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Foreign workers in selected sectors can perform multiple duties with headcount caps in place

  • Lianhe Zaobao (5 August 2015): Who will maintain a platform for healthy job competition?
  • Lianhe Zaobao (13 August 2015): Foreign workers in selected sectors can perform multiple duties with headcount caps in place

Foreign workers in selected sectors can perform multiple duties with headcount caps in place
- Lianhe Zaobao, 13 August 2015 

  1. Mr Liang Wen Le, in his letter ("Who will maintain a platform for healthy job competition?", 5 Aug), had asked whether it is illegal for foreign workers to take on multiple jobs. 
  2. In general, work permit holders are only allowed to work in the job specified in their work pass. However, we have allowed employers in selected sectors to use their foreign workforce more flexibly, especially in jobs where there is a shortage of Singaporeans, to improve productivity.
  3. For example, since June 2015, work permit holders from the process, construction and marine sectors are allowed to drive as a secondary job function but not as a full-time driver. These workers can only ferry materials or people to and from work sites. This allows a more productive use of workers already here, rather than for employers to bring in more foreigners as full-time drivers, given the shortage of local drivers. 
  4. Nonetheless, there are safeguards to prevent displacement of local full-time drivers. We impose a cap on the proportion of work permit holders who can drive as a secondary function. 
  5. MOM expects all employers in Singapore to comply with the Tripartite Guidelines on Fair Employment Practices, and put in place fair employment practices. Employers who violate the Tripartite Guidelines can have their work pass privileges curtailed. 
  6. At the same time, there are measures in place to help older Singaporeans find meaningful employment. As part of WorkPro, the Government offers grants which incentivise employers to re-design their jobs and workplaces to be more age-friendly. Employers who hire low-wage Singaporeans aged 50 and above also receive a Special Employment Credit, which subsidises the CPF contributions of these older workers. These measures help older Singaporeans remain employable and competitive in the workforce. Those who require assistance in seeking job opportunities may go to any of WDA's Career Centres, or e2i (Employment and Employability Institute)'s Career Services Centre.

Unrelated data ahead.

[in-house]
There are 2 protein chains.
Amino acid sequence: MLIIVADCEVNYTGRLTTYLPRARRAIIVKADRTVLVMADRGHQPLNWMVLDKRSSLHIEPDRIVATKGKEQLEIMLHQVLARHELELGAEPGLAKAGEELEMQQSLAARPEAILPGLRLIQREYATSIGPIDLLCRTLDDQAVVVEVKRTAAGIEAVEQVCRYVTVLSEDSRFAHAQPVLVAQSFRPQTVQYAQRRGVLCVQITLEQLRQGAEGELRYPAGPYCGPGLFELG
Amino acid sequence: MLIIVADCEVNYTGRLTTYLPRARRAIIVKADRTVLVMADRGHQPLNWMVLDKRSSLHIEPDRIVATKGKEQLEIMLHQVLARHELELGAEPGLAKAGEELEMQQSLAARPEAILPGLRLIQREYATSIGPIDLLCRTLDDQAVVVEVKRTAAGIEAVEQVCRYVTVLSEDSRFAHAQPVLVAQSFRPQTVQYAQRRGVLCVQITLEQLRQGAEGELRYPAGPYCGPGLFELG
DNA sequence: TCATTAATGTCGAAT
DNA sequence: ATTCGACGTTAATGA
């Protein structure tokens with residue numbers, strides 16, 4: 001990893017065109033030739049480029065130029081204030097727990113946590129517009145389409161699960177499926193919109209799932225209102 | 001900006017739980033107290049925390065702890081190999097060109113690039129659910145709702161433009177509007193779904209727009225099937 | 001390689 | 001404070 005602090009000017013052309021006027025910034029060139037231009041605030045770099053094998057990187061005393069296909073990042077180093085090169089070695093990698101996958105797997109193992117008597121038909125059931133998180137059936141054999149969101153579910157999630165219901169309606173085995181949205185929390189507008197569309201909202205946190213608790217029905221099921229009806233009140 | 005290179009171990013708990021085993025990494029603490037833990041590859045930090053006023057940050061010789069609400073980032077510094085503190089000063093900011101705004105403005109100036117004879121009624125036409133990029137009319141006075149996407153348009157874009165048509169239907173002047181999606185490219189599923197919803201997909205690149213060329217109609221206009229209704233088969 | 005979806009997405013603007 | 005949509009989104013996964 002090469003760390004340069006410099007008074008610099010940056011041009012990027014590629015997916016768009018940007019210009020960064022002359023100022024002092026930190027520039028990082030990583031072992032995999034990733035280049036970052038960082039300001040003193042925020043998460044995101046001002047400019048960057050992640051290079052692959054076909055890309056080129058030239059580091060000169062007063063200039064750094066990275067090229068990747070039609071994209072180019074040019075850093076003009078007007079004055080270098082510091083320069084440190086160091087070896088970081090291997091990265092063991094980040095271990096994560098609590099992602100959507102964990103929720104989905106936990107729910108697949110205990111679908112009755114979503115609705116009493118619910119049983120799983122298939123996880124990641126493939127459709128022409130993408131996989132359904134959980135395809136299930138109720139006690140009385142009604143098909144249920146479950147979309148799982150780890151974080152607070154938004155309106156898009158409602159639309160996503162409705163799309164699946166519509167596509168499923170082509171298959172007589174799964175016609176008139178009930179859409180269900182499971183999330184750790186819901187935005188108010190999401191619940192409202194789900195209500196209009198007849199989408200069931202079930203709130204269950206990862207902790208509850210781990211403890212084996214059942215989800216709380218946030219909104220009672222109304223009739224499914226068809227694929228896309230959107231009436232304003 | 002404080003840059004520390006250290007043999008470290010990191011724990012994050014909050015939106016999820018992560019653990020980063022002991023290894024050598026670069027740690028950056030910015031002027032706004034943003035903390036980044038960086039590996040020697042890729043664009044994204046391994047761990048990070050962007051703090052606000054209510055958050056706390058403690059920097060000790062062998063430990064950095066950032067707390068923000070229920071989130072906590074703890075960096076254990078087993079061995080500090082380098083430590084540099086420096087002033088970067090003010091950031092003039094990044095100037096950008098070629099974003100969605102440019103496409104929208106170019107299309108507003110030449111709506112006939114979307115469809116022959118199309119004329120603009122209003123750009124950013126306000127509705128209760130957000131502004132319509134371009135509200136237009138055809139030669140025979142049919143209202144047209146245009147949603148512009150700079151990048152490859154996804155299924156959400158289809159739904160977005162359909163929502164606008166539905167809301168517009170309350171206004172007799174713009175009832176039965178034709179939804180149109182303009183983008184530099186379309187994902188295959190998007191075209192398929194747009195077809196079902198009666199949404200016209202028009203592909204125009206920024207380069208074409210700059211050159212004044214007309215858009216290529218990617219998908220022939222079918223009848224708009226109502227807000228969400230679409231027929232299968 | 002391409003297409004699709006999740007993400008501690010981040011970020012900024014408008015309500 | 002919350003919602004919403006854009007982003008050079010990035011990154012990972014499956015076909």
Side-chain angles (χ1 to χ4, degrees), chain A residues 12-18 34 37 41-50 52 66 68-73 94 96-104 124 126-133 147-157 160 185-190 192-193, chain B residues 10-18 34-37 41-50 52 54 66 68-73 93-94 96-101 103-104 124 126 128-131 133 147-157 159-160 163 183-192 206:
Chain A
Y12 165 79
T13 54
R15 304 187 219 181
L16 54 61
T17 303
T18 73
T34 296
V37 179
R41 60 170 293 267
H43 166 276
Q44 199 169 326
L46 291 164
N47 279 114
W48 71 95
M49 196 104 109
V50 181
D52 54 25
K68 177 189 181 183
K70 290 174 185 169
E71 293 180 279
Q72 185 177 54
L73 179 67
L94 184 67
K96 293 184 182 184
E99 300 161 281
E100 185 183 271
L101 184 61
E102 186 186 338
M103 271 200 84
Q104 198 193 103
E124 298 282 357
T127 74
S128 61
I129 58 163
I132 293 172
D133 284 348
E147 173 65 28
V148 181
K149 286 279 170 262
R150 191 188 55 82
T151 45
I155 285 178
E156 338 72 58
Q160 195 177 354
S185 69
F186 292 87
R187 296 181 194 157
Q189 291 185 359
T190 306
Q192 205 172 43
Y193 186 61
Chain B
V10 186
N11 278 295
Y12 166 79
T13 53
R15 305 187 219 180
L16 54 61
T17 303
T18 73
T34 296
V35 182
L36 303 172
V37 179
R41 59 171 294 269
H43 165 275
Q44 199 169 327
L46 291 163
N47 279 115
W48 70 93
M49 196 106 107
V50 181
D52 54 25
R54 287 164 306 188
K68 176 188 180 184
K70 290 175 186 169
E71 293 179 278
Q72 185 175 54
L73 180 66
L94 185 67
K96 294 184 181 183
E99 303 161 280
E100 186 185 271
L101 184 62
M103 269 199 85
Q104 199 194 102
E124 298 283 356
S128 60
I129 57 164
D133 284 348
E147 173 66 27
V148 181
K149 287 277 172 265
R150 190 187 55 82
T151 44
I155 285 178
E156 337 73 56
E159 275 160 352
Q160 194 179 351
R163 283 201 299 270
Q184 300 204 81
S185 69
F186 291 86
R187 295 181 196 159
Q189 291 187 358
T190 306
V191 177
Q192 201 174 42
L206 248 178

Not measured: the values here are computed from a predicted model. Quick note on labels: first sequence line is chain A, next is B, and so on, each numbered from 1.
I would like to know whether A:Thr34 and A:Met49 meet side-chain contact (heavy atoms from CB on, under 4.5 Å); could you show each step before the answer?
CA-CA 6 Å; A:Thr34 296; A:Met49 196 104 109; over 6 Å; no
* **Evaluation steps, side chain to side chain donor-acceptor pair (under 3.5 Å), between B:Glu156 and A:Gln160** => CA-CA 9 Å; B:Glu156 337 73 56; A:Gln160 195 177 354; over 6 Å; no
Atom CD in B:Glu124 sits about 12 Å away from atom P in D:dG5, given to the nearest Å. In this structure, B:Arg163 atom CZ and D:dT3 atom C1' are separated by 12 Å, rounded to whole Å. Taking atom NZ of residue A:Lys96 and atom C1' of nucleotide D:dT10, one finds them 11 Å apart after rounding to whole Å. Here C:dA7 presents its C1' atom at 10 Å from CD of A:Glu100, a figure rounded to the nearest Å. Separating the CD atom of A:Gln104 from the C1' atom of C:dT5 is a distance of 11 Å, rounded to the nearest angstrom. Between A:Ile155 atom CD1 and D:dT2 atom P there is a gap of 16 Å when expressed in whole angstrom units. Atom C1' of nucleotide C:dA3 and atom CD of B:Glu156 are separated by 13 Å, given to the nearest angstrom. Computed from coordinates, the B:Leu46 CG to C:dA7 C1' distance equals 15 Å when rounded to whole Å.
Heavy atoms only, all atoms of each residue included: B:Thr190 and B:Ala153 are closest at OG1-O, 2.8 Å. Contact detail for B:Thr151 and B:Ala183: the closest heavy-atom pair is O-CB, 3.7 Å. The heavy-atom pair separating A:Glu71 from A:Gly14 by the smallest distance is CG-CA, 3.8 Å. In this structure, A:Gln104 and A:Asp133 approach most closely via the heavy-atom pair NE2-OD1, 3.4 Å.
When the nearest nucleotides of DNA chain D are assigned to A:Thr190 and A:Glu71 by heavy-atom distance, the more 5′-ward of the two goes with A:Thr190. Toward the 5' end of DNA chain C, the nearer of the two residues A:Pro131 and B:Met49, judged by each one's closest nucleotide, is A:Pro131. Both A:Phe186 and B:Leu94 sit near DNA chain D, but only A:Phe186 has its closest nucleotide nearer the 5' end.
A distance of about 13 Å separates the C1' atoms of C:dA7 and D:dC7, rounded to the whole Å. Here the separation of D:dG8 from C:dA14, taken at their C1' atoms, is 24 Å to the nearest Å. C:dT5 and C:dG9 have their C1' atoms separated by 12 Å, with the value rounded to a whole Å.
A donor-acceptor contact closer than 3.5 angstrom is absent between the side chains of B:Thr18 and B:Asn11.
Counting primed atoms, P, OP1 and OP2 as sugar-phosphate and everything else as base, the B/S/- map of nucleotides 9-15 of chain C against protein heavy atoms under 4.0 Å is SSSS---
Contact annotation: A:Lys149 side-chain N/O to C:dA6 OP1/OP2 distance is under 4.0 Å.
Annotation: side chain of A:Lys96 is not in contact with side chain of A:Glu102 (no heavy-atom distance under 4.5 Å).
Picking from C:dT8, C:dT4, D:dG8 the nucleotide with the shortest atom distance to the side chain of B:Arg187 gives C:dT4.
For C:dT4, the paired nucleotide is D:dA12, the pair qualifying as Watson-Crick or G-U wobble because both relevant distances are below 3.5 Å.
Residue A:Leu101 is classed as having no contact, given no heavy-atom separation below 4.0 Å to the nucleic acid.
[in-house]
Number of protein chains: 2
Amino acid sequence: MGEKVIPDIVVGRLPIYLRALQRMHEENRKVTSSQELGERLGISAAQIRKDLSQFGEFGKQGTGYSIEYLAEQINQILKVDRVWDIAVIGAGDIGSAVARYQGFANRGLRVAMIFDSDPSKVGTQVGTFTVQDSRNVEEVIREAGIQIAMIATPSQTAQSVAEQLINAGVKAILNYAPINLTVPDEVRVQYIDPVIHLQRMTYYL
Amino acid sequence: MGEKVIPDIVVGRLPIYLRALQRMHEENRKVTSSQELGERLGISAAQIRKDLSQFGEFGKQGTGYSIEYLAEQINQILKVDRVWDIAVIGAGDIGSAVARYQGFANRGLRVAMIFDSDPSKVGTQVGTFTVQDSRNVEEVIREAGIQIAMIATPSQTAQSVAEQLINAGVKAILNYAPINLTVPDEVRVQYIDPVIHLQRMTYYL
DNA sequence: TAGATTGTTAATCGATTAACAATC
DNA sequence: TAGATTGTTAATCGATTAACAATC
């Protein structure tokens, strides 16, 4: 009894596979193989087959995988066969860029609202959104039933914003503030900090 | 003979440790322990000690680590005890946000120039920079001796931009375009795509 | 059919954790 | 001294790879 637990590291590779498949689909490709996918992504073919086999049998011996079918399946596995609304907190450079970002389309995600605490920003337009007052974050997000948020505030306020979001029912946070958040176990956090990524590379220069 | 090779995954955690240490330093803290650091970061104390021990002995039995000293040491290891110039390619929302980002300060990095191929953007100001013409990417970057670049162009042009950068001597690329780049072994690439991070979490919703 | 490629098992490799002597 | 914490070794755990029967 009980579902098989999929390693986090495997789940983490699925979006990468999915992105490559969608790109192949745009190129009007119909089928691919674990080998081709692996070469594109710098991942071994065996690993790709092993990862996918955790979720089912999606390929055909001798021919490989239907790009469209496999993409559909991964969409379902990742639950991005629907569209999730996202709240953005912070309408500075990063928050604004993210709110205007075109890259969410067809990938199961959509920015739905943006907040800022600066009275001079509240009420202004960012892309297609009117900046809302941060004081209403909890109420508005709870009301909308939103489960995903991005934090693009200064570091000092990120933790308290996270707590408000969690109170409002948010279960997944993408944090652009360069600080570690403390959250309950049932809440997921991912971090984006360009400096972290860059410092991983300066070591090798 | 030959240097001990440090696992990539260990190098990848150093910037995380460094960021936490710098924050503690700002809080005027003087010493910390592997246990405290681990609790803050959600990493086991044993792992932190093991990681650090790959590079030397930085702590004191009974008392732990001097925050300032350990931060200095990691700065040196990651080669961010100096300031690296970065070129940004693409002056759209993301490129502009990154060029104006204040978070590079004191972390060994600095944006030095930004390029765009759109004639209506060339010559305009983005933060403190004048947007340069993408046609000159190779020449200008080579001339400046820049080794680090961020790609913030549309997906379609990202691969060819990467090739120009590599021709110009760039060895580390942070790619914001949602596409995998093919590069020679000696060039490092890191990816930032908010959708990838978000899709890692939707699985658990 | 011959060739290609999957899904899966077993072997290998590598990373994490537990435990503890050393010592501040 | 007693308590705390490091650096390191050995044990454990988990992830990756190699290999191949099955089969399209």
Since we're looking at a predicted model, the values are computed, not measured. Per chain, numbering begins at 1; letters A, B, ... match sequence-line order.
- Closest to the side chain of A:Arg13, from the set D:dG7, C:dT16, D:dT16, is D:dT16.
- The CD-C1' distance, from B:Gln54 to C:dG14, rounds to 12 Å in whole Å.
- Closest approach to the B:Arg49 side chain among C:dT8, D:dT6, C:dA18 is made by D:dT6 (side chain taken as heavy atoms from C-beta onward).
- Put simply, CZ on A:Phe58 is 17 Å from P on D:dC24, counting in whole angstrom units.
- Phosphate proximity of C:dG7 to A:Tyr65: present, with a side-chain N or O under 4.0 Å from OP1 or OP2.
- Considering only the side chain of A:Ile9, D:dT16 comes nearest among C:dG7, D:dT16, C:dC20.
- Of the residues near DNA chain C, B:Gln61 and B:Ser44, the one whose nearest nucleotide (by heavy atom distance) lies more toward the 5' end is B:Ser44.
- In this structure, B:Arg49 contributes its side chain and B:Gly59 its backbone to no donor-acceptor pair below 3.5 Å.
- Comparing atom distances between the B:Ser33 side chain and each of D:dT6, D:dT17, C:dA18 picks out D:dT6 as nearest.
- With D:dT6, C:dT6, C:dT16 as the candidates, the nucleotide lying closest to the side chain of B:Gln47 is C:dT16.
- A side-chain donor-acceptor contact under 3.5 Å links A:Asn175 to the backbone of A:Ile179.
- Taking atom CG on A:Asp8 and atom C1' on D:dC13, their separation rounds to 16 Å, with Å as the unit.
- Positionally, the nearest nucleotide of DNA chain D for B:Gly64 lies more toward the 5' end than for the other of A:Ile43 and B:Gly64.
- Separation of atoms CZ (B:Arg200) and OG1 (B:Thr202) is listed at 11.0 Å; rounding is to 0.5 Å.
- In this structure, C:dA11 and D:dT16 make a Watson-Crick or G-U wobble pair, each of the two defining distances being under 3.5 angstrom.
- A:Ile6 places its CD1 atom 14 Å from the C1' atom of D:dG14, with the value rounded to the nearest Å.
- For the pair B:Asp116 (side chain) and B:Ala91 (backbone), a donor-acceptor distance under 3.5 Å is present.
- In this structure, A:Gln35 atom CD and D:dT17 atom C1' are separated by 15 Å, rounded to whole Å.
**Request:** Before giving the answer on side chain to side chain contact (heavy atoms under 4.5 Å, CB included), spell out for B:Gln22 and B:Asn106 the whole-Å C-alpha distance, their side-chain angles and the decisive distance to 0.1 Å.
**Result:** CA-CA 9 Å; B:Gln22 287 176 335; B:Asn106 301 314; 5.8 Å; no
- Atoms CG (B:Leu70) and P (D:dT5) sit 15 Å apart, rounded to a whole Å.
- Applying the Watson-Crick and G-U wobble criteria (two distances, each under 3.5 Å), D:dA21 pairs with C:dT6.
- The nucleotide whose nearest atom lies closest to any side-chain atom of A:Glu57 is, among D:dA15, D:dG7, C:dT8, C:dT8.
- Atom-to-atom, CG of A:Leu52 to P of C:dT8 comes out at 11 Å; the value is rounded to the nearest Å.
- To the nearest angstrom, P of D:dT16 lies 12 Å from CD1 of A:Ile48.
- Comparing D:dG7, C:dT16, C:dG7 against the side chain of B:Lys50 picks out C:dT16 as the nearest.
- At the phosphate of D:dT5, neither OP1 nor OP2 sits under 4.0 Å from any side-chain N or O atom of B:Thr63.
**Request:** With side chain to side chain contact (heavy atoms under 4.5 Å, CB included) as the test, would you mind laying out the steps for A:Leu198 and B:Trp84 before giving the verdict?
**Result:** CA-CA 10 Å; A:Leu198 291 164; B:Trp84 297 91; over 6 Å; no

Who will maintain a platform for healthy job competition?
- Lianhe Zaobao, 5 August 2015

According to employment laws, foreign workers can only work for one specified occupation, and anything else would be illegal. If this is the case, would:
  • Foreign workers who are not listed as drivers (but have a local driving license) but fetch workers to and from their workplaces;
  • Foreign workers whose job scope covers warehouse management, chemicals mixing, and welding; or
  • Foreign workers who do fettling and lacquering, who are also deployed onto marine vessels or to build roads
be breaking employment laws?  

Such a phenomenon has led to lesser opportunities for older Singaporeans who have left the workforce but are now interested to return.

Many of the foreign workers accept low wages and are ordered around – the younger ones, due to their lack of knowledge about their rights; and the older and more educated ones, due to their family responsibilities back home. This has led to a vicious cycle at the workplace. How can a 60 year old worker compete with these foreign workers when he wants to return to the workforce? 

The ageing process is unavoidable, and we will have to change course when we reach that stage. One of my older friends had given up his strenuous job of driving a Class 5 heavy vehicle and hoped switch to drive the Class 3 light goods vehicle. However, when faced with the depressed wages caused by these “multi-role” foreign workers, he has decided to retire instead.

I know of another 64-year-old who was very experienced in driving the Class 4 lorry, but only earns $6 or $7 per hour. I am worried that once he leaves his current workplace, he will not be able to take such terrible working conditions. If he decides to retire early, he might not be able to pay for his MediShield premiums.

I agree with the regulations at the airports and shipping ports that do not allow foreign workers whose occupation is not indicated as “driver” to enter their premises, as I am a part-time lorry driver myself. Foreign workers who are not “drivers” should not be driving. Which of the tripartite partners should be the one to preserve healthy competition at the workplaces?